There’s some social science to back up the theory that maybe we need to study Church history more closely. In a March 2013 column for The New York Times, Bruce Feiler theorized that the best way to keep a family together was to “develop a strong family narrative.” With the help of Dr. Marshall Duke and Dr. Robyn Fivush, psychologists from Emory University, Feiler discovered that “the more children knew about their family’s history, the stronger their sense of control over their lives, the higher their self-esteem and the more successfully they believed their families functioned.” The more a child knew about his or her ancestors, familial failures, successes, and traditions, the more likely that family was to stick together.
Every family has an ongoing narrative—a story they’re telling the world about who they are, where they’ve been, and where they’re going. No family is perfect, but when children recognize that they are part of a larger family—a larger story—they have a higher chance of becoming healthy adults.
The faith of my youth had mainly been informed by emotional altar calls and evangelical clichés; neither of these components are inherently wrong, but this culture alone wasn’t enough for me to face an increasingly secular world. Through their writings, ancient Church fathers became like mentors who helped me see that the doubts we wrestle with today are the same questions those who came before us struggled with too. Reading Augustine’s Confessions felt like reading my own journal at times. By becoming familiar with the Christian historical narrative, one quickly realizes that the “New Atheists” aren’t actually saying anything new at all and that the Biblical canon wasn’t simply decided upon at random. Studying Church history can help us develop a strong sense of what Dr. Duke calls our “intergenerational self.” Or, as Feiler puts it, we begin to understand that we’re part of something much bigger than ourselves.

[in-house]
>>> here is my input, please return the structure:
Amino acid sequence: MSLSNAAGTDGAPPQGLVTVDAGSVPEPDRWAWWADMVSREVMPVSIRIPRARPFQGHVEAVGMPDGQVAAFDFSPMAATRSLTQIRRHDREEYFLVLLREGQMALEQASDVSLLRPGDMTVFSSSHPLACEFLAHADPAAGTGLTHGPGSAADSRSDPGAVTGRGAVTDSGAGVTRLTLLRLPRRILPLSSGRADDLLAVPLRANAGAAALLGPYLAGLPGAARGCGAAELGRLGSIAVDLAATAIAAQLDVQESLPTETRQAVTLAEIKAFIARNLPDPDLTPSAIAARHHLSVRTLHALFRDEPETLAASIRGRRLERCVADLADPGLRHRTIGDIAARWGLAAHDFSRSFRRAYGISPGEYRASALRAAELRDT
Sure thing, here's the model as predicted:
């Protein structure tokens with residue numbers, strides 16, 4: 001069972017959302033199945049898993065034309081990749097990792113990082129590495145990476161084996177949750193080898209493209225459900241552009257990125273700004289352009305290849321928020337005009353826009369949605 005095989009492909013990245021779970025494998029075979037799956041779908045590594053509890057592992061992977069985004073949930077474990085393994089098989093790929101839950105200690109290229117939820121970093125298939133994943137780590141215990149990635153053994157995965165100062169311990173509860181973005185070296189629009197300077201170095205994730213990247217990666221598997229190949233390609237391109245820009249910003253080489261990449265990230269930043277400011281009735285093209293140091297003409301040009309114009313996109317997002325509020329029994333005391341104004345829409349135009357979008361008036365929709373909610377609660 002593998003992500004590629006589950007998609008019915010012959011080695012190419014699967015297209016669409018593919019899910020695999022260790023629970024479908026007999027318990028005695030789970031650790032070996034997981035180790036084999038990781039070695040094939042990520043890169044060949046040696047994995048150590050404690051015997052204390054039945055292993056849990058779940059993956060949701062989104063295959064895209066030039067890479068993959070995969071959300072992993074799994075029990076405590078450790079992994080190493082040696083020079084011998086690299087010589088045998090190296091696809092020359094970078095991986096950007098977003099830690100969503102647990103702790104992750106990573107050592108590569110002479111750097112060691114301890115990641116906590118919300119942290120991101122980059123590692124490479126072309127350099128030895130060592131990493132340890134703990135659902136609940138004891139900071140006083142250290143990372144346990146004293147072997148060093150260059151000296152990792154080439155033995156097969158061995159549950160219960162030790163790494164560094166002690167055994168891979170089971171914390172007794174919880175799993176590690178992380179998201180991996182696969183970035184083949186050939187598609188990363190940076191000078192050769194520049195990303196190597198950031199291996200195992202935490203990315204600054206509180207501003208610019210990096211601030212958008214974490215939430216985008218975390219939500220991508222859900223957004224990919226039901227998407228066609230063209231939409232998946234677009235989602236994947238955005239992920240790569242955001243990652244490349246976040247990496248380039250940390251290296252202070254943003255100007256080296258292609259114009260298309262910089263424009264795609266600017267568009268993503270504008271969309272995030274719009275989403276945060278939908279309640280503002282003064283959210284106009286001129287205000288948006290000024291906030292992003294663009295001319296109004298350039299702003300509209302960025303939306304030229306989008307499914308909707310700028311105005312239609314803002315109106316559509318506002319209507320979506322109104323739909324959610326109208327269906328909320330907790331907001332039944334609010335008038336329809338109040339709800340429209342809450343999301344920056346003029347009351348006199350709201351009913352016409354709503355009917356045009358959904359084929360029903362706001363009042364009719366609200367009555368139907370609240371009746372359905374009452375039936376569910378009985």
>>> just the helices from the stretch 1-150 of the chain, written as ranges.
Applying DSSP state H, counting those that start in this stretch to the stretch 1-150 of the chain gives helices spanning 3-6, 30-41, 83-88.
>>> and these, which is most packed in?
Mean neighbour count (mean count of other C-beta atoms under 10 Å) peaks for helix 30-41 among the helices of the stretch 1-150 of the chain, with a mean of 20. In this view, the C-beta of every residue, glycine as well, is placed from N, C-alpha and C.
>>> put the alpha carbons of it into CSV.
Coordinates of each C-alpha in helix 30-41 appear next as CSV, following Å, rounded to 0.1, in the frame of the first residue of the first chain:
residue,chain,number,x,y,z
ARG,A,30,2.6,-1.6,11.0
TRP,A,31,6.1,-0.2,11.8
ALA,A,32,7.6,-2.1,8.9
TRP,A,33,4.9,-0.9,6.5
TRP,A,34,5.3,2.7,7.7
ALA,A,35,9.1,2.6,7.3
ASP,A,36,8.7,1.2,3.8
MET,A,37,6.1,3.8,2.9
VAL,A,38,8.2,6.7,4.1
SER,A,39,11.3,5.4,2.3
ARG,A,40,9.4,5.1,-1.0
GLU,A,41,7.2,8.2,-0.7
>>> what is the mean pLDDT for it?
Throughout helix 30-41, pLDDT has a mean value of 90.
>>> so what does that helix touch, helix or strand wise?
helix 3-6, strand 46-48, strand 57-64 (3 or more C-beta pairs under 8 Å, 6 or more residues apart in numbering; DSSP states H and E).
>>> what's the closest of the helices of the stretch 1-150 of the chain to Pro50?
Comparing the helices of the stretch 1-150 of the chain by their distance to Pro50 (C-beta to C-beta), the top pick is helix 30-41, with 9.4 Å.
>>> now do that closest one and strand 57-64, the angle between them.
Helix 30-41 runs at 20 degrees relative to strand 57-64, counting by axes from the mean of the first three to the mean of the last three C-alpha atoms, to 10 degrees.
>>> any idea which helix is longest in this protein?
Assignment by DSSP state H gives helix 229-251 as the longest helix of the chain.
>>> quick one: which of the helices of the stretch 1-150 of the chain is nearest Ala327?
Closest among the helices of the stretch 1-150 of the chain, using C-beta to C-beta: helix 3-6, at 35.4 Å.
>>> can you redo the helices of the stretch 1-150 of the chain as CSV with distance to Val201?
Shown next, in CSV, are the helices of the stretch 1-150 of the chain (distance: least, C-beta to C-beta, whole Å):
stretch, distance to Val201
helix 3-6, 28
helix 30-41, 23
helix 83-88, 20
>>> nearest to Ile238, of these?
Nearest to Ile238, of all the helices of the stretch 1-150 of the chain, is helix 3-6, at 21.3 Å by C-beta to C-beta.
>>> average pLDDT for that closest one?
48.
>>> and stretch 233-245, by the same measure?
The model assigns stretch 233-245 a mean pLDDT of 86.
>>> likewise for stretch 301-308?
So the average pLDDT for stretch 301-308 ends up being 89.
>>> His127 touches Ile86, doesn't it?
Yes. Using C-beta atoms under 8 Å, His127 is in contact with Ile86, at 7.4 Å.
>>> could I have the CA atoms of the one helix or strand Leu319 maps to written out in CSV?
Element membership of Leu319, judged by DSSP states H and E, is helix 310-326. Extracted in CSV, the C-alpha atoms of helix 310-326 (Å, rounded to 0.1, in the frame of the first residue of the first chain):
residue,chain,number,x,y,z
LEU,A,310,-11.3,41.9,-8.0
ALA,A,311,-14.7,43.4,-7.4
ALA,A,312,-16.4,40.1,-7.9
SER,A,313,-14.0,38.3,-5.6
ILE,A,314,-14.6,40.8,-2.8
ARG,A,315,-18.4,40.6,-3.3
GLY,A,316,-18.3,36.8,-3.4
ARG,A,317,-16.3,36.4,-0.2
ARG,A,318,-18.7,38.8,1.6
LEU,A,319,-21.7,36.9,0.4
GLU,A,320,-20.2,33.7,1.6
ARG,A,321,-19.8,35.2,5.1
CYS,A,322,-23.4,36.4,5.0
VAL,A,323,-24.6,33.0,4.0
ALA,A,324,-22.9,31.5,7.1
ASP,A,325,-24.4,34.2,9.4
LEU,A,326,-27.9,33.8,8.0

Of course, there are parts of every family’s narrative to be ashamed of. The Christian narrative is no different. Throughout history men and women have used the name of God as justification to do unfathomably evil things. Slavery in the South comes to mind. We should be quick to admit and repent of these horrors. It might be tempting to try to clean up our narrative and wish away the uglier parts of our Church’s history, but perhaps we should pay particularly close attention to those aspects of our faith. Feiler found the healthiest family narrative to expose children to is the “oscillating family narrative”—a narrative that shows the family has had ups and down. By studying the parts of our narrative we aren’t proud of, we can recognize the mistakes made in the past and move forward with new wisdom that can help us avoid making similar mistakes in the future.
While there is no magic answer to the complicated question of why twentysomethings are leaving the Church in droves, perhaps the Church should avoid trying to make faith seem culturally hip and instead look to the past. Almost all of these questions have been answered before. As the Teacher in Ecclesiastes reminds us, there is, after all, nothing new under the sun.
Image of Augustine stained glass, by Louis Comfort Tiffany, at the Lightner Museum, via Wikimedia Commons.